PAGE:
Last weekend I travelled from Gloucestershire to Brighton, mostly by train. It's the first time I've been on a longer non-car journey since going smartphone-less in July.
I noticed some interesting things.
To prepare, I'd written down all my train times and various connections. In the past I'd have relied on train apps my phone, and would have been worried about the battery spontaneously dying / the internet not working / the apps getting a crashy update /
the world ending (I'm a recovering catastrophizer). None of that can happen with a page in my small pocket notebook, it was quite reassuring.
However that turned out to be futile. The first trains on both my journeys were cancelled. I took none of my planned, booked, written down trains.
With trains cancelled, lines closed, and no fancy computer in my pocket, In order to find out what to do, I had to actually go up to the information desk and talk to someone.
I had two conversations with two different people over two days. People I wouldn't ever have spoken to. Conversations I would have otherwise actively avoided. Connections that I still remember - the slightly grumpy but extremely helpful man at Bristol Parkway, the fantastically friendly and caring man at Brighton station. Human connections. Connections I've been missing out on for years. I think there's something very subtle and yet very profound there.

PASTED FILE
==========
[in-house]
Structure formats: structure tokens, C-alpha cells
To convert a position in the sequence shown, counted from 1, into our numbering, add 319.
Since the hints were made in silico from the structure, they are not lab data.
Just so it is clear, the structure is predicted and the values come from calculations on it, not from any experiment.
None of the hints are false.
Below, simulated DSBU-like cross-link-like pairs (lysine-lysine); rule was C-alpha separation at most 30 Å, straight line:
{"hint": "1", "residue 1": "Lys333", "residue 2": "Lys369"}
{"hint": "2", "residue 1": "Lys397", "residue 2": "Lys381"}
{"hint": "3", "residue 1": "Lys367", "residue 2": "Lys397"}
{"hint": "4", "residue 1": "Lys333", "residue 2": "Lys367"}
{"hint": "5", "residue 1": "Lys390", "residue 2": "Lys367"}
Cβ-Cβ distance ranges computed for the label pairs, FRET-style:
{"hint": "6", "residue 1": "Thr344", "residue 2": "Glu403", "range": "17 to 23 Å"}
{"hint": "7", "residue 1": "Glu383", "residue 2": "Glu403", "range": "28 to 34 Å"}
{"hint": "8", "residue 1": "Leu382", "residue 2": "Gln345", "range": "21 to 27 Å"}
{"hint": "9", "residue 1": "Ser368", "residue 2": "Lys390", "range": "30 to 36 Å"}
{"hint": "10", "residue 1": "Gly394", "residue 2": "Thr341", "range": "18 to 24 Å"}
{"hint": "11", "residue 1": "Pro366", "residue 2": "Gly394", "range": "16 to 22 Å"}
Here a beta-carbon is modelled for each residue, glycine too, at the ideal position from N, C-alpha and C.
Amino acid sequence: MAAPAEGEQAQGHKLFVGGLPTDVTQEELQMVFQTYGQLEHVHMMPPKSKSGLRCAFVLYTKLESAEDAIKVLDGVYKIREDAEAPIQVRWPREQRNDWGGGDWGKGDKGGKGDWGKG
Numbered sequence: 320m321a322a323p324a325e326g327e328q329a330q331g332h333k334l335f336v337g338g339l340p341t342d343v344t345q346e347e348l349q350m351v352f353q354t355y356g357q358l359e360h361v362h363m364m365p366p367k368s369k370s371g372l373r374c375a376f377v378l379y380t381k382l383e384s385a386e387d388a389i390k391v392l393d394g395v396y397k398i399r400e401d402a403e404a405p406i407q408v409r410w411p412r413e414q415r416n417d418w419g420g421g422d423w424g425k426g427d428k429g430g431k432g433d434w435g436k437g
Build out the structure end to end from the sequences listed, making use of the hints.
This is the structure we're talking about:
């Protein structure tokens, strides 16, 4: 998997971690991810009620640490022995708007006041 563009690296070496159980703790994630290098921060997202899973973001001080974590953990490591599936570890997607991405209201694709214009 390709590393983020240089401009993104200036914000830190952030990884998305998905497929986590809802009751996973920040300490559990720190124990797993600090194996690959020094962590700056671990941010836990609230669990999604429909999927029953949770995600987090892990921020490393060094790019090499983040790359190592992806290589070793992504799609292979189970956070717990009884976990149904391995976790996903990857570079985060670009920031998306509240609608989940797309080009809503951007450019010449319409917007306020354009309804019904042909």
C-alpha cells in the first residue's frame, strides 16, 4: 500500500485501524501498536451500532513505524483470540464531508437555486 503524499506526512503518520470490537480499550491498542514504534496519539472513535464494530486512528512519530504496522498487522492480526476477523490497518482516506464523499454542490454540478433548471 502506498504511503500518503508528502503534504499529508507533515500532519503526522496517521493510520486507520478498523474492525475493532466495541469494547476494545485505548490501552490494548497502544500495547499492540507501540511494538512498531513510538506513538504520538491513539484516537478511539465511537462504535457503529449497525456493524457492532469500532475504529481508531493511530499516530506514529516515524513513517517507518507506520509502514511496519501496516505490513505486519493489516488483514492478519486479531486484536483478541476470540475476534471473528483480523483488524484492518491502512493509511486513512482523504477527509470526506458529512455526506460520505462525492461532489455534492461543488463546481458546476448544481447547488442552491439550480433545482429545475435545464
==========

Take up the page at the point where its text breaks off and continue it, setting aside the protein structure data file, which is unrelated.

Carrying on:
Without staring down at a screen and doomscrolling, I also felt more aware of the people around me. On one train I noticed an older couple in the row in front of me with a couple of large suitcases and a pair of crutches. As the train came to stop, I asked if they'd like any help getting their cases off the train. The man politely refused, but the lady smiled a very big smile. Even if they didn't need help, there was another smile that would have never been smiled had I been plugged in and unaware of the people around me.
During this trip, in order to checkout of my hotel I went to the desk and spoke to the lady there, instead of checking-out online. I asked her about what she was doing with some little pieces of paper - this sparked a brief conversation about a Secret Santa she was organising, and I left the hotel with both of us literally laughing out loud about something to do with diamonds. I had a smile on my face all the way up the road. Another connection I would otherwise have missed.
I wonder where else technology is taking away human connections...